Friday, July 9, 2010

Octopus' Garden

Years ago if you had told me that I would be cooking and eating octopus, I'm sure I would have laughed in your face. Ha! Who me? I have always been a squeamish eater. Not limited in my choices (ok, as a child I was limited, I have to admit it), but not particularly adventurous either. I like fish and even shellfish, but I draw the line at mollusks and things that are still alive. Trust me, I have lived in both Japan and Italy where people eat things that are still alive...

Octopus is something that I imagined I wouldn't like, but instead I have discovered is quite delish. And living here on the Adriatic coast means access to freshly caught octopus all summer long.

Imagine a relaxing day at the beach. You've got your suntan lotion, your magazines to read while kicking back on your beach chair, your goggles for taking a swim when it gets too hot...what more do you need? Well, if you are a normal, red-blooded man from our town, you also need an old wire hanger and a bit of raw meat. To catch octopus with, of course!

This video shows step one of the octopus tenderizing process. It is not recommended viewing for the tender-hearted animal rights crowd, but it is what you have to do to render the octopus edible. If you prefer a version without live action, take a look at this series of photos on my other blog Molfetta Daily Photo entitled The Death of an Octopus or Lunch is Served.

After the poor creature has been beaten to death and had its head turned inside out (ugh again!), it looks more or less like this fellow in the photo below:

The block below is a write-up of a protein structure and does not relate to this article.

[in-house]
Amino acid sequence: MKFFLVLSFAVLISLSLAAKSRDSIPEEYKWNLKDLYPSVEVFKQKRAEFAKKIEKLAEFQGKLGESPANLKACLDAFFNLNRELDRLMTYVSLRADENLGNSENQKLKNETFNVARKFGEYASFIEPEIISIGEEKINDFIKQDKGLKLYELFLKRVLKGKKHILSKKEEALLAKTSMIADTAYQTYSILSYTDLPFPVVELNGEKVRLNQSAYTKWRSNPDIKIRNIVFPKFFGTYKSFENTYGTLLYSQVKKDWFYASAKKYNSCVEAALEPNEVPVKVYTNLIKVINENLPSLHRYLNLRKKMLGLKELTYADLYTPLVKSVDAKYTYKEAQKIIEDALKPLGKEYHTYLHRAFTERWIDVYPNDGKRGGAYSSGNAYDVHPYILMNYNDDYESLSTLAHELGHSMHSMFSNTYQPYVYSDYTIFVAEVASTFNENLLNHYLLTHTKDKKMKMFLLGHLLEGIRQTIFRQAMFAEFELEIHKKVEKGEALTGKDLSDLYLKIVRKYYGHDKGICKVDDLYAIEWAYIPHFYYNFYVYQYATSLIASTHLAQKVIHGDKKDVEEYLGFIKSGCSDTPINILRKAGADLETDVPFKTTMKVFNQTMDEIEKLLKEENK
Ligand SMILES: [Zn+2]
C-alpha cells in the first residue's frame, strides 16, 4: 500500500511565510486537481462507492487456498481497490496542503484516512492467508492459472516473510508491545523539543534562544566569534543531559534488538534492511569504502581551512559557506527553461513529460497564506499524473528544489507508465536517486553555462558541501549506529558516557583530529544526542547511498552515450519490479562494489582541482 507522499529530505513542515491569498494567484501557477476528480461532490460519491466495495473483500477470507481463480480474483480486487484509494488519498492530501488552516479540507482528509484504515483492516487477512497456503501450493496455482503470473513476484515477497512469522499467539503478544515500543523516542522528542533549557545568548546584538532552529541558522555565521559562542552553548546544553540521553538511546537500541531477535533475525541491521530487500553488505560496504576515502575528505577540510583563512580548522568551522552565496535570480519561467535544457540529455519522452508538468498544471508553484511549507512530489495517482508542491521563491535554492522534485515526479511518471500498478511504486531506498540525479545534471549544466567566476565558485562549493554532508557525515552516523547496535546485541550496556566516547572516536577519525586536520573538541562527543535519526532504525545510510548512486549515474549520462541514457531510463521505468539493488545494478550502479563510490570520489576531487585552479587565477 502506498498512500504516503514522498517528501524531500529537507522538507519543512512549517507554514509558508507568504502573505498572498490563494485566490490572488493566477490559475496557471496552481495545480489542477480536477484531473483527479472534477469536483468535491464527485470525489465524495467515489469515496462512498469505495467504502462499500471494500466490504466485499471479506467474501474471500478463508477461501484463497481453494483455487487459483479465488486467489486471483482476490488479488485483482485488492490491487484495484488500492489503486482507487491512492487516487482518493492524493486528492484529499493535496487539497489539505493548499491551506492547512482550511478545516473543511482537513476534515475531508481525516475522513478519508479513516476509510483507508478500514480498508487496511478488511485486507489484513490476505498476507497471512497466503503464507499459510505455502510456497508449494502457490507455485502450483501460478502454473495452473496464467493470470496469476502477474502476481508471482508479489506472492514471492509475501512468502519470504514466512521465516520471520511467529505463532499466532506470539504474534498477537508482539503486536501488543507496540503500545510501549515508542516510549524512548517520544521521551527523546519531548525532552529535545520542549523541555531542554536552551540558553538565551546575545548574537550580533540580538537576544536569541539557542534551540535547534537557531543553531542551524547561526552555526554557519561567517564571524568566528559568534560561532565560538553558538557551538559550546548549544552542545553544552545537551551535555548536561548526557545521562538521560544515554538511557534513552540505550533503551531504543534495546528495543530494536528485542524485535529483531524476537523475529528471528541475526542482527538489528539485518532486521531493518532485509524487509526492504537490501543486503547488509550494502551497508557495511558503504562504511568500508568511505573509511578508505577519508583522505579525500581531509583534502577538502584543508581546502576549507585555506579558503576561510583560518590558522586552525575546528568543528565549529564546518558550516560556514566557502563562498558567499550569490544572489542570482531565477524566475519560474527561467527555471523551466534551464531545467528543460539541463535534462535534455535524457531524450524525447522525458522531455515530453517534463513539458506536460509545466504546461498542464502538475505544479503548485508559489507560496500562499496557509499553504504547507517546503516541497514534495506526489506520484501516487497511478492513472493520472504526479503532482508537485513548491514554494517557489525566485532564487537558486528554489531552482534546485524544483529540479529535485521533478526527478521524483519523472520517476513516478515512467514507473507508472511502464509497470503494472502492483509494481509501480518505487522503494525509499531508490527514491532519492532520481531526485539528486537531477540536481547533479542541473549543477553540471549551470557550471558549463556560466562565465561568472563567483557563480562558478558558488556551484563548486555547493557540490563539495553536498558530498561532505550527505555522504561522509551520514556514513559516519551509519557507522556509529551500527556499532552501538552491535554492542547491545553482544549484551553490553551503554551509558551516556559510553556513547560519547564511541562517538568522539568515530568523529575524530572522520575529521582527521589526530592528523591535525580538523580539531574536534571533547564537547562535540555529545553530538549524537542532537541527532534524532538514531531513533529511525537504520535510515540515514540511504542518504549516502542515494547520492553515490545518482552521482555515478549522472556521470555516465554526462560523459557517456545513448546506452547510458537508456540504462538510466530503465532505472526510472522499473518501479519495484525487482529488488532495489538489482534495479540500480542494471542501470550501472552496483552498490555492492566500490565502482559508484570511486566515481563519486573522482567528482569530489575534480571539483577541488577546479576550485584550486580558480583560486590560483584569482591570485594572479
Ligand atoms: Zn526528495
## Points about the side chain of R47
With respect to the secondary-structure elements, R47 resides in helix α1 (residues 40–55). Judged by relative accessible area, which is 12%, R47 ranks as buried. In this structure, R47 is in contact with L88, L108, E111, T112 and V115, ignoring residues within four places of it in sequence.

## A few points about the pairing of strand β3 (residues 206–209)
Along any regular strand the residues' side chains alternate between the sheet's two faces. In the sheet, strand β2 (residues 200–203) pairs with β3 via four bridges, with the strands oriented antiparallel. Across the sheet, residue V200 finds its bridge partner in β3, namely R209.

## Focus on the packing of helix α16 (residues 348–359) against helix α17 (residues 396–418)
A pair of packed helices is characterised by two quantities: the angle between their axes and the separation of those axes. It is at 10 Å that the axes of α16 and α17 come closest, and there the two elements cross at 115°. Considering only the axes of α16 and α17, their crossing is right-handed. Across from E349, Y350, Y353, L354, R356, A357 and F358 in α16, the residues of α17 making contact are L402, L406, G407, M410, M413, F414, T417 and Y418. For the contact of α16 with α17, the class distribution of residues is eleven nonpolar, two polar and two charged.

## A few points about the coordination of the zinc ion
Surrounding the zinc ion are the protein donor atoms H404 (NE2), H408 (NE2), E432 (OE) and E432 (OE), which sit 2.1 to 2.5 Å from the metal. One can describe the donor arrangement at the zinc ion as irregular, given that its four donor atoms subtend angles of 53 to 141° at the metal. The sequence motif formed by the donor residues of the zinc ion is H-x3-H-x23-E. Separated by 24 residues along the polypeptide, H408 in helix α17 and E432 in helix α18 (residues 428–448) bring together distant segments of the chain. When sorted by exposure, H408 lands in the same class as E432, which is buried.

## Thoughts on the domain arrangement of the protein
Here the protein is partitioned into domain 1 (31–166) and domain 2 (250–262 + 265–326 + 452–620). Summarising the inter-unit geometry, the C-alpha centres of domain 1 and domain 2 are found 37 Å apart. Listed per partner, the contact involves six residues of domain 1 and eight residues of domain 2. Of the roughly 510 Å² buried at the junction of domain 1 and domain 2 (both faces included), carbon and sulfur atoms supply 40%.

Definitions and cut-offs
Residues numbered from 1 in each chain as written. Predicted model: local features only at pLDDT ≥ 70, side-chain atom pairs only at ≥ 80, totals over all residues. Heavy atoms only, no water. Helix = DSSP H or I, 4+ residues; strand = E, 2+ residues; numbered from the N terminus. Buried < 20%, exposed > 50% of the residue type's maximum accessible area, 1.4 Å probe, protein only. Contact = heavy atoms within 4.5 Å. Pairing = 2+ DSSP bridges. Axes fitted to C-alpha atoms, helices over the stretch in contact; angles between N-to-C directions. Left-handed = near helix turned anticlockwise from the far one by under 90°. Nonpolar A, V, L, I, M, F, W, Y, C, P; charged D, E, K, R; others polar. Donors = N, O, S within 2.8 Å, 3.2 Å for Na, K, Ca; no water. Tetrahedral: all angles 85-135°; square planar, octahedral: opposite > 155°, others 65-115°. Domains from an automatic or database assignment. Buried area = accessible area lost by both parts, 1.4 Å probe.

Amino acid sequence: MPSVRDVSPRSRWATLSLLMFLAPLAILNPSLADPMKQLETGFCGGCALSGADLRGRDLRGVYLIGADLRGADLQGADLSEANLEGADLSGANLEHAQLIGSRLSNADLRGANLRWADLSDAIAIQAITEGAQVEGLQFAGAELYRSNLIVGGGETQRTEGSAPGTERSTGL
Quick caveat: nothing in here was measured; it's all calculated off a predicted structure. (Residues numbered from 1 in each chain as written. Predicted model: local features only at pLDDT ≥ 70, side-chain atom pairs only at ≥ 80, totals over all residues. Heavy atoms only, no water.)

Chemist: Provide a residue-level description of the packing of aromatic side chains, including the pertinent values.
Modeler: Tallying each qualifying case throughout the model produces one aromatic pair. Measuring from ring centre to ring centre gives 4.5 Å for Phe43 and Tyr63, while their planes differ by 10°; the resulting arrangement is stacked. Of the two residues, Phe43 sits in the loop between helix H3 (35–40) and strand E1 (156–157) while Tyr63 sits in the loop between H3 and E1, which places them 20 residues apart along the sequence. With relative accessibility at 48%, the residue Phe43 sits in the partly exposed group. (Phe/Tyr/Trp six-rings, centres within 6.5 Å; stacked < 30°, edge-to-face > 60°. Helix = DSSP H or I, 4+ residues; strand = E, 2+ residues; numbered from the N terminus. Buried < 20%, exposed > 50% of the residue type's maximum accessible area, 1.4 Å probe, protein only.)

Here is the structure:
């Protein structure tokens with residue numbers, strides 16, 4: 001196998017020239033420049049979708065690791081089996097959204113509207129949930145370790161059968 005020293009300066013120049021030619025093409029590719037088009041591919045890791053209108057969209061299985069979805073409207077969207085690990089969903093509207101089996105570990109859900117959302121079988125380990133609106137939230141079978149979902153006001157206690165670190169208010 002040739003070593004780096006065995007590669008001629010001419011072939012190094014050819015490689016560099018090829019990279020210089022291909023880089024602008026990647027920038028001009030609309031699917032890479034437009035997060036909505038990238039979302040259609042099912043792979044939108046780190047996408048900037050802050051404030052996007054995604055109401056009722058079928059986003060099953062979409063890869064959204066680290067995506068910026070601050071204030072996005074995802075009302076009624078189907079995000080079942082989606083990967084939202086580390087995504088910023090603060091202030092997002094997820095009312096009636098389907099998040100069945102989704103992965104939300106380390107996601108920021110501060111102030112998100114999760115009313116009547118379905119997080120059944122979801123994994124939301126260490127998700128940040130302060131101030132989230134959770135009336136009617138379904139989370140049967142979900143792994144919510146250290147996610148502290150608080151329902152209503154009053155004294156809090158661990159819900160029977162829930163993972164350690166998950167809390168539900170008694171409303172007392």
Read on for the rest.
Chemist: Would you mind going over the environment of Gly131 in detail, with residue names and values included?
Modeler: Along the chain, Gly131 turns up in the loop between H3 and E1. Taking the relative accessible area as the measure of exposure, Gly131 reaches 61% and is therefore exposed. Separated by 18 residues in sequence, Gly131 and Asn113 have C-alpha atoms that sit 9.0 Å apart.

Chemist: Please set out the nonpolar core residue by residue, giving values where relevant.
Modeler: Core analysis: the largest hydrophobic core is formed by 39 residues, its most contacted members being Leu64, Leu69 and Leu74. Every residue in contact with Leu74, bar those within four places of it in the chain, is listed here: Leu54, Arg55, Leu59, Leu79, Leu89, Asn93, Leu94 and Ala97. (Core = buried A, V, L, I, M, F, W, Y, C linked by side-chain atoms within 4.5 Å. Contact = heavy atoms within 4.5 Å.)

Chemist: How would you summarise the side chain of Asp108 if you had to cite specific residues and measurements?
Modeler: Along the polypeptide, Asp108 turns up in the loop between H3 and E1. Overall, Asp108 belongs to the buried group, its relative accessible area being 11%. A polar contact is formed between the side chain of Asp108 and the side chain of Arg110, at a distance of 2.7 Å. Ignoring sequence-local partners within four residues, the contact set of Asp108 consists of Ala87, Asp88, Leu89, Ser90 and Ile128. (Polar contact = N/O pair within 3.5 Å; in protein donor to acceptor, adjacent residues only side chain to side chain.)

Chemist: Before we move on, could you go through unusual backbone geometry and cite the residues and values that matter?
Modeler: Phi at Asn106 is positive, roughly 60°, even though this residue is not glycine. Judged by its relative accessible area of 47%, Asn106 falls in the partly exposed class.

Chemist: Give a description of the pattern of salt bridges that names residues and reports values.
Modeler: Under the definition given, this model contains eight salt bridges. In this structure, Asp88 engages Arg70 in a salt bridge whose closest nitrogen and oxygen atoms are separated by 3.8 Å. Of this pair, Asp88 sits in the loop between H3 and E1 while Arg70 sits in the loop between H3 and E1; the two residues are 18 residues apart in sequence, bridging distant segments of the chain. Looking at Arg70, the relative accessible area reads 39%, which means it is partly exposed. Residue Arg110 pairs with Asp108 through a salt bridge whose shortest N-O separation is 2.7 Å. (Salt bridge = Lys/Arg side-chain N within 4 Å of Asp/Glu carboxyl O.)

At this point, many locals start cutting off bits (or even chewing them off directly) and eating.

Personally, I prefer my octopus cooked. A nice recipe is Octopus Salad. Just boil the octopus in a small quantity of water for about 20 minutes. You don't need much water because, as a local saying in dialect goes, "u pulp s cosc ind all'accq so stess" or "the octupus cooks in its own water."

Once it's cooked, just chop the whole thing up into bite-sized pieces and mix with olive oil and chopped parsley...and buon appetito!

I used celery because I was out of parsley on the day I took this photo. There was also not much salad left by the time I took the's a popular dish at my house.


Francesca said...

I'll check the videos when I'm back home. I love octopus, but my US husband has never acquired a taste for it: more for me to eat:)!

Crownd Vic said...

So I stopped by this blog first and realized I didn't have anything to say about octopus, then stopped by (what I now realize is old) your other blog. I guess I should have checked the post date on your blog! oops!!

At any rate, Thanks for stopping by my SITS Potluck Post, today!

LindyLouMac said...

We enjoy octopus but have never used celery with it, so learnt a useful new tip today, thanks for that.

Saretta said...

Francesca - as you say, more for YOU, yeah!

Vic - welcome to Amid the Olive Trees!

LindyLou - what do they say, necessity is the mother of invention? ;-)

Anonymous said...

I love Octopus salad (and like you I would never have thought to even attempt trying it!!) - but I just can't make it - I tried once and it was a disaster - a pan of gungy, pink frothy stuff and the Octpus skin that would not come off - it all went in the bin!!! I'll stick to eating Octopus salad when made by others - so much better :))
Kathryn (

The InTolerant Chef ™ said...

I love octopus. I used to work in a greek seafood restraunt and the boss would marinate the octopus for a few days before cooking and it would gl a beautiful purple colour. Unfortunatley it was a secret marinade! We would tenderise our octopus by putting it into a (used for seafood only) cement mixer and leaving it to bash around for a couple of hours. We would also use it to tumble the unopened oysters in to get rid of sharp edges before opening.

la ninja said...

those spanish supporters would be appalled by this! :P